As a result of a lack of CAMHS services, an increasing number of young people are reaching crisis point and are often being placed in inappropriate settings such as adult wards or police stations.
The independent sector would like to be in a position to develop new services to help meet growing levels of demand for CAMHS services. NHS England’s current moratorium is preventing the development of new services, resulting in increased lengths of stay, high waiting times and delayed discharges for children and adults.
Investment in early intervention and prevention services such as training for children’s social workers, school nurses or GPs could assist in detecting health concerns earlier before a young person reaches crisis point. This could help relieve pressure on CAMHS and achieve better outcomes for the young person.
IMHSA members have reported that a high level of demand in CAMHS Tier 4 services has been apparent for up to ten years and that a lack of availability is a national problem. When this demand was highlighted, and new services were opened, wards regularly operated at maximum occupancy with waiting lists, often accommodating patients from out-of-area. In Tier 4, IMHSA members have frequently seen a higher level of acuity in patients, often due to patients’ having to wait longer to be appropriately placed, which can lead to an increased length of stay. NHS England’s moratorium on developing new services has prevented providers from increasing capacity.
At Tier 4, a lack of capacity has increased waiting times to concerning levels. Too many children and young people are only gaining access to an inpatient setting at a point where their need is critical. This is seen in acute eating disorders where often young people need additional followup support to address the deep psychological and social issues that underlie their disorder. This support for eating disorders can often not be provided in a community setting, especially if family life is problematic. This ongoing condition, severe and enduring eating disorder, is not currently a recognised diagnosis and therefore young people are not getting the funding for residential therapeutic provision and instead go in and out of acute services for many years.
Capacity issues exist all along the care pathway, resulting in service users being treated, often for a considerable length of time, in inappropriate settings. Low secure and medium secure beds are scarce, despite patients often being quickly assessed as requiring these higher levels of care. This results in further delay. Equally, moving down the care pathway to Tier 1-3 CAMHS has been known to take up to two years due to a lack of local community services. Many providers are unable to meet the waiting times requirements or discharge timescales set by NHS England in cases where step-down services are simply unavailable.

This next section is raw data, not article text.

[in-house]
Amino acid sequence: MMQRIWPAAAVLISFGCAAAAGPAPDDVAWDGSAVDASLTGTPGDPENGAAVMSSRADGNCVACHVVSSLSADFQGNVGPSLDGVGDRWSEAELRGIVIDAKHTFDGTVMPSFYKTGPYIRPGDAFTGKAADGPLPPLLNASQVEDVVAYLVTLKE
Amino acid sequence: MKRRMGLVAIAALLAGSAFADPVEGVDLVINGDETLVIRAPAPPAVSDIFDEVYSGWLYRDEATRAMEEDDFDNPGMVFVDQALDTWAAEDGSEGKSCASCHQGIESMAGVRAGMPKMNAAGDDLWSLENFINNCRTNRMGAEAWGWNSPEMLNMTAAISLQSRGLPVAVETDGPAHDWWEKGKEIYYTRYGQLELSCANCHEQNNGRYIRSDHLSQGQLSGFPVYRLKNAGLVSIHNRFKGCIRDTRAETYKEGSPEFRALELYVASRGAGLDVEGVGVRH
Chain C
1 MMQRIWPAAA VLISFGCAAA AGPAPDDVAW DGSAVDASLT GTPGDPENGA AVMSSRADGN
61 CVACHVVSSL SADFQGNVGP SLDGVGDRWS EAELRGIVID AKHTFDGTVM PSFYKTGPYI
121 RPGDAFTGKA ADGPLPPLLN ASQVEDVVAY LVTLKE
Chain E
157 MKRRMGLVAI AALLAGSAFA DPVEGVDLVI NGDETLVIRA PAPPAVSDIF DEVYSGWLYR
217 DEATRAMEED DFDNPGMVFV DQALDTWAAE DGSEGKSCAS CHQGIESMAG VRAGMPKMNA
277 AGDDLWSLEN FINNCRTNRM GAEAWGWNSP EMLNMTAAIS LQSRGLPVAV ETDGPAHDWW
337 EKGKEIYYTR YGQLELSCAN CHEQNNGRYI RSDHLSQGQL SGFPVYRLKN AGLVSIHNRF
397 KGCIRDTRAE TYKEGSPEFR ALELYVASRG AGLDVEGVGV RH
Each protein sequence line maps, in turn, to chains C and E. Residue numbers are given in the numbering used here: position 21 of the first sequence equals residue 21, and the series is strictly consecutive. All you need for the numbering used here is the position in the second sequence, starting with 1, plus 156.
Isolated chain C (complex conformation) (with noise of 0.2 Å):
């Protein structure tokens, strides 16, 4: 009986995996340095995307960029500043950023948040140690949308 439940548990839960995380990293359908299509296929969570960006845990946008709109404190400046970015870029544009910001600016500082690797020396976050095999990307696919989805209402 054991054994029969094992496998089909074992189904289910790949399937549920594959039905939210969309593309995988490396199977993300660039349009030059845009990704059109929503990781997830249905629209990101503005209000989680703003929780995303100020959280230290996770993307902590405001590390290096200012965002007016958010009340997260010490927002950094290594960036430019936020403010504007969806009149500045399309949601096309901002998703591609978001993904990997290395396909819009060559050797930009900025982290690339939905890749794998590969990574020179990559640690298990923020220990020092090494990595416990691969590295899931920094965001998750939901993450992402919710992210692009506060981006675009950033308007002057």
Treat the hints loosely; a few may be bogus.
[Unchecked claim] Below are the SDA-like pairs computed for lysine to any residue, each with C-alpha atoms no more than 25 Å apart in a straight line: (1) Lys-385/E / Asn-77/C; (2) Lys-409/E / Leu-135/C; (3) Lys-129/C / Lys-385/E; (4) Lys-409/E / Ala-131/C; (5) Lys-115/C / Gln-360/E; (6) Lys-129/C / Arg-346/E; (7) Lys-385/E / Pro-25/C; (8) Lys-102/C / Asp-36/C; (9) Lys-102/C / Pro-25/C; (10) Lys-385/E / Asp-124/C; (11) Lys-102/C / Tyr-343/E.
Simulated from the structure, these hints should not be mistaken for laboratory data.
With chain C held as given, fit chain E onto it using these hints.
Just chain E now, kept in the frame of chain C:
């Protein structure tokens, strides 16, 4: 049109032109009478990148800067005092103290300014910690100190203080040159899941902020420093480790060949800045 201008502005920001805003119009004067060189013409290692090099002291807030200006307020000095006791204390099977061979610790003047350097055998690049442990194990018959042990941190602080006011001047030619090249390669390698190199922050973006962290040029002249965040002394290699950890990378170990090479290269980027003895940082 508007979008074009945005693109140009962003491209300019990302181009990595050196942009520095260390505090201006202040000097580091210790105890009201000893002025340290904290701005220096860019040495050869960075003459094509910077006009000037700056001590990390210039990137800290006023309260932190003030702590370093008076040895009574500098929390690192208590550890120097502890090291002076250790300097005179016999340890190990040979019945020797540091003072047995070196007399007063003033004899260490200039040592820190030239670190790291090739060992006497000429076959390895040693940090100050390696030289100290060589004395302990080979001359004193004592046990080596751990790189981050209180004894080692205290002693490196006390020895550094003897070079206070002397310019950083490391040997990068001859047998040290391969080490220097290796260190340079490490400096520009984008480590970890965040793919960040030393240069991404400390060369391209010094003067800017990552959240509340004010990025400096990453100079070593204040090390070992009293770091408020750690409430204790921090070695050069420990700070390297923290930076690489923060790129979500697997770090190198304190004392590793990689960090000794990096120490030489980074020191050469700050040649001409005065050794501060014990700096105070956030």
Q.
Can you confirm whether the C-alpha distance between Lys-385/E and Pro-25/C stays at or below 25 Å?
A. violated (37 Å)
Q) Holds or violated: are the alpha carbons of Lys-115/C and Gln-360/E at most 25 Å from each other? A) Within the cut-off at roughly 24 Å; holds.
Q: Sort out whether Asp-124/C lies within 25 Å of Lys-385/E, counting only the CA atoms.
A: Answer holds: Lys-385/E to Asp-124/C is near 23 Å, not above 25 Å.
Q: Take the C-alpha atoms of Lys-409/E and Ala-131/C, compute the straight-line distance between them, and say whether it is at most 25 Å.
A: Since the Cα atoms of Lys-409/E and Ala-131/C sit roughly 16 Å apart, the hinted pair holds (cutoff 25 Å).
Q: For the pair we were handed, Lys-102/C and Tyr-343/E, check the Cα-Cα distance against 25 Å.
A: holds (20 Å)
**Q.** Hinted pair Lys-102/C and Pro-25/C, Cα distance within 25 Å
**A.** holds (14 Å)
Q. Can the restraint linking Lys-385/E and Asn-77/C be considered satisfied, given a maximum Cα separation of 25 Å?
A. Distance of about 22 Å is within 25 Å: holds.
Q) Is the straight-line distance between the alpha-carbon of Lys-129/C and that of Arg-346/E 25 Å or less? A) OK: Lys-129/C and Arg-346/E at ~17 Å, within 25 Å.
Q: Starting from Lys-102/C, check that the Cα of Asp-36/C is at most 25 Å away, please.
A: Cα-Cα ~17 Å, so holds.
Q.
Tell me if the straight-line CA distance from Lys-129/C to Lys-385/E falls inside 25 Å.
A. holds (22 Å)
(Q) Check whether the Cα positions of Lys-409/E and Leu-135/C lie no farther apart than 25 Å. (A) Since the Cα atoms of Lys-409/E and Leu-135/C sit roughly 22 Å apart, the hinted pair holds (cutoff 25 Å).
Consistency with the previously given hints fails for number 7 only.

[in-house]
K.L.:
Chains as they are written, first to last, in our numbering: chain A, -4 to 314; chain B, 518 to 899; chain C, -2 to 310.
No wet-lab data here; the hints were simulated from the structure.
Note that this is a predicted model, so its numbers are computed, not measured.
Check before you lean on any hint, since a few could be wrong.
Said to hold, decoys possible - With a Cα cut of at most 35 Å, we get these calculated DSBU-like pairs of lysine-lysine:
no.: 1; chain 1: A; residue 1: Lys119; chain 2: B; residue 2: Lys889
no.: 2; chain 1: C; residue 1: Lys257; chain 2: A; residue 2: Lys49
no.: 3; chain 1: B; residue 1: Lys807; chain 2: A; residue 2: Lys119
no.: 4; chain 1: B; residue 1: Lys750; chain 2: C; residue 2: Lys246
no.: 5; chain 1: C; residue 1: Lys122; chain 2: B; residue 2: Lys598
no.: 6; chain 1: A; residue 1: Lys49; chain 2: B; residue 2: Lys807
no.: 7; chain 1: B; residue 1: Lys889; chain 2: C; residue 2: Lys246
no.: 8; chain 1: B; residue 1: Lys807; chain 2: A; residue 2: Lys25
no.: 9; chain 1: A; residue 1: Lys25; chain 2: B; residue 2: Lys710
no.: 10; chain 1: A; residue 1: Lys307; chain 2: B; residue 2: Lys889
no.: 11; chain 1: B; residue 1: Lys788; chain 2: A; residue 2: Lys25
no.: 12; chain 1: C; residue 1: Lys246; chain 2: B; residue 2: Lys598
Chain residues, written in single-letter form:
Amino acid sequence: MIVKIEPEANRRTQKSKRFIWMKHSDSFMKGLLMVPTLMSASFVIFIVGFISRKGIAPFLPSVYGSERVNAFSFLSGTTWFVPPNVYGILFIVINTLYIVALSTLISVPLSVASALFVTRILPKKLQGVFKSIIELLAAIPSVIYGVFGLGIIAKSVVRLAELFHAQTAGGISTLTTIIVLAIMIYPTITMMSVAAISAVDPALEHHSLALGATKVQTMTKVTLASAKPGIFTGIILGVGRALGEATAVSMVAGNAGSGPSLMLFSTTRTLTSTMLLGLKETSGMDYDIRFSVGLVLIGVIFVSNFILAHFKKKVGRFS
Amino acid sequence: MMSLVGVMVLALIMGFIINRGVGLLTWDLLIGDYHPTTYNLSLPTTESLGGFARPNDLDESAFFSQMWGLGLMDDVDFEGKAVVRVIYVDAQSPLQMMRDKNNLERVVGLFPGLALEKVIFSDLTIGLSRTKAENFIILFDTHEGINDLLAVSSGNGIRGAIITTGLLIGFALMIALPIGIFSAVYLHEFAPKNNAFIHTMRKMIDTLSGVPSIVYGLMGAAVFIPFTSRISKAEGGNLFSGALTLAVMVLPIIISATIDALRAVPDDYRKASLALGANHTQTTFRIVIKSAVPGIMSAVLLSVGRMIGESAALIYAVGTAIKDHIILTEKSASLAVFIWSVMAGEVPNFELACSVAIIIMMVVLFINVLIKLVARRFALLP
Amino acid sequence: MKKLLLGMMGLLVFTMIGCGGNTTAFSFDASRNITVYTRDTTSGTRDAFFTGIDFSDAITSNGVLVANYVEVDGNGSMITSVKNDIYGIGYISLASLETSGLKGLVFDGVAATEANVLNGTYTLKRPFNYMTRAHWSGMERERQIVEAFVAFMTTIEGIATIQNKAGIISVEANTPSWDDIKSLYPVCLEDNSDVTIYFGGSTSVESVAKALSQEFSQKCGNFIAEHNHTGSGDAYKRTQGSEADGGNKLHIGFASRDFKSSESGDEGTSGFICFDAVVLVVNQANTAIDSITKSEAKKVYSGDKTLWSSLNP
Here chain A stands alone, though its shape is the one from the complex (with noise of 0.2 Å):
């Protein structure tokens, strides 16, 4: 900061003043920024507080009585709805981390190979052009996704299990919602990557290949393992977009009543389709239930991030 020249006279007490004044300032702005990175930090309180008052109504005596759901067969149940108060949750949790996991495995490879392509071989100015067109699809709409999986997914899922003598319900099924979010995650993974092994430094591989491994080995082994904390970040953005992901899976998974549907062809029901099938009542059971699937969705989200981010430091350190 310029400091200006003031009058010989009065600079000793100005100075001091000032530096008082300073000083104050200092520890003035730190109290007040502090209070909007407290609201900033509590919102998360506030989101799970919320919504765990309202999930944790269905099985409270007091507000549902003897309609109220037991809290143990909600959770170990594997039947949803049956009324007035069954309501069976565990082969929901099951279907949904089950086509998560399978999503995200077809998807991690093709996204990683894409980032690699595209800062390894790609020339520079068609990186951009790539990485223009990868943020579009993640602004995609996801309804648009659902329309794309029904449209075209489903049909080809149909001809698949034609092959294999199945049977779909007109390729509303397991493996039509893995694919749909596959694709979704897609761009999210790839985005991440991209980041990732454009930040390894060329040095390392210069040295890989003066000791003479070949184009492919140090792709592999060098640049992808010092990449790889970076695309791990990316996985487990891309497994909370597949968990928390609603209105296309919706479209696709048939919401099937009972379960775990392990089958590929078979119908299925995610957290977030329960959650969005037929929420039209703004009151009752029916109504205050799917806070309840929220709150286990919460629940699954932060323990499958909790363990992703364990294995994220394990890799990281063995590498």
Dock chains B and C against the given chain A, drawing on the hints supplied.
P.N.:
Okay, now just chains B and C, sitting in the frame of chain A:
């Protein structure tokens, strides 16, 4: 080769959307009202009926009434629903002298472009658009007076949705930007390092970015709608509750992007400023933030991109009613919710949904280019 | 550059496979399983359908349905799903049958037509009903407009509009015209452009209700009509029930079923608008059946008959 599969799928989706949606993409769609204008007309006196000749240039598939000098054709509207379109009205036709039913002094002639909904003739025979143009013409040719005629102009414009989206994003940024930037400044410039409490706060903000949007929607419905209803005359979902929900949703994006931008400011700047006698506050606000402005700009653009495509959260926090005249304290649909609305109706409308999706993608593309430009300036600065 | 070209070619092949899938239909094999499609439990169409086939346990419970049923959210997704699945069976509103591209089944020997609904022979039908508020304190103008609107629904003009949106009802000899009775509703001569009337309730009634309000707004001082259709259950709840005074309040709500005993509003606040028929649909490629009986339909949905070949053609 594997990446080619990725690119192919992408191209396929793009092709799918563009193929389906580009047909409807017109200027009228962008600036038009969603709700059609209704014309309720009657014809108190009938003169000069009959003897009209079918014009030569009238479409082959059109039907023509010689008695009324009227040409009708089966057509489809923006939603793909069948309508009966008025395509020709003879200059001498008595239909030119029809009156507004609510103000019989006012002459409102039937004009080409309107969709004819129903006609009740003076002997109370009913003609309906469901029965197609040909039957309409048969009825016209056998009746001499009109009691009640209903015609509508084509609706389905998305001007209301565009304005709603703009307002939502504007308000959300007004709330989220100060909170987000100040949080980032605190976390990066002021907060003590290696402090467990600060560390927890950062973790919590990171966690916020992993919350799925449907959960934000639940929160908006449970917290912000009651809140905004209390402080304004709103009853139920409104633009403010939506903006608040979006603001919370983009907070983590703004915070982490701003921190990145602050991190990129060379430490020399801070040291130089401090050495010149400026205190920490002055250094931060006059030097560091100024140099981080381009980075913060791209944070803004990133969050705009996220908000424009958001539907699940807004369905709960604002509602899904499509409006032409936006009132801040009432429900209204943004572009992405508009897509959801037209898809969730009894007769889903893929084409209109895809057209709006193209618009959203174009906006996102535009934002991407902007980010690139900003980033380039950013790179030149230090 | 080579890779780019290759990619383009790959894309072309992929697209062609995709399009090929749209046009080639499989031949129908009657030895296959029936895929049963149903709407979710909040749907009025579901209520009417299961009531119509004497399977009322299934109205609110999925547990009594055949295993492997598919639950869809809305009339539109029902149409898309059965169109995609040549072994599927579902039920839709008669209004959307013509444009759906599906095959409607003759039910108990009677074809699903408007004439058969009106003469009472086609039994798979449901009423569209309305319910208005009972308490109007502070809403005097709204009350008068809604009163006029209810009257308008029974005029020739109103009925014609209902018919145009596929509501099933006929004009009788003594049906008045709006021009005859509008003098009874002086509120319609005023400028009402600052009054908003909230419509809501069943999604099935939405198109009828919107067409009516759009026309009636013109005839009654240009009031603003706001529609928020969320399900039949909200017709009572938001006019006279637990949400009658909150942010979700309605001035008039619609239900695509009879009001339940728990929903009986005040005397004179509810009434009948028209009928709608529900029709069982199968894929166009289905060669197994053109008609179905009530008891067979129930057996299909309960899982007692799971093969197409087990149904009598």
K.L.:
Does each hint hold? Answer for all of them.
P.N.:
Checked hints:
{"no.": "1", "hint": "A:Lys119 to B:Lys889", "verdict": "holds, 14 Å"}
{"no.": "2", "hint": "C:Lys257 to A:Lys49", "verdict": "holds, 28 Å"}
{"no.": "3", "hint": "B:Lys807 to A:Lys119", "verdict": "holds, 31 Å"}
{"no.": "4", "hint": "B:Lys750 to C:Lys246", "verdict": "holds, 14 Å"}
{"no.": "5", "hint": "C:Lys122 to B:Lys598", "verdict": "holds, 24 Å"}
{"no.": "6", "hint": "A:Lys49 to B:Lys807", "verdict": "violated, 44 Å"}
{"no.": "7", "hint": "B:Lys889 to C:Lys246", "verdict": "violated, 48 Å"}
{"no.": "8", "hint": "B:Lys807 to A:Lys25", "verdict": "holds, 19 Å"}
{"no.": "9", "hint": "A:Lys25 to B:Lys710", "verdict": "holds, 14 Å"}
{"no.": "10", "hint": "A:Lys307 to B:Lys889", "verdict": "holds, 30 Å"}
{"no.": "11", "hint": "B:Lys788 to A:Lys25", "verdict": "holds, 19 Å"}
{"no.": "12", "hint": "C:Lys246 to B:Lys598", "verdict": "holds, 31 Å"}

If assessments were undertaken earlier in the process, complex patients could be cared for successfully in the community and through Tier 3 services. This would contain costs for the NHS, reduce waiting times and prevent service users reaching a crisis point that leads to a longer length of stay to effectively treat. IMHSA members – who include CAMHS specialist providers - also note that a number of psychiatric intensive care beds are vacant and fully staffed yet remain un-commissioned by NHS England as a result of the moratorium.
Better early intervention and prevention services provided in a joined up way by children's social services, health visitors, school nursing and voluntary sector services are required to specifically address the emotional and psychological needs of the 60,000 looked-after children as well as children with comorbidities. This group is most likely to require mental health care in future. With this in mind, the current age of 18, which is the age that adolescents move into ADMHS is arbitrary. There needs to be more flexibility to allow the system to respond to individual needs. The step down in service provision from CAMHS to AMHS can be significant and this can be detrimental to the individual’s progress and long term needs. Providing better training, intervention and diagnosis education to GPs, such as talking therapies, would relieve pressure on CAMHS services and prevent young people from reaching the point of requiring intensive support.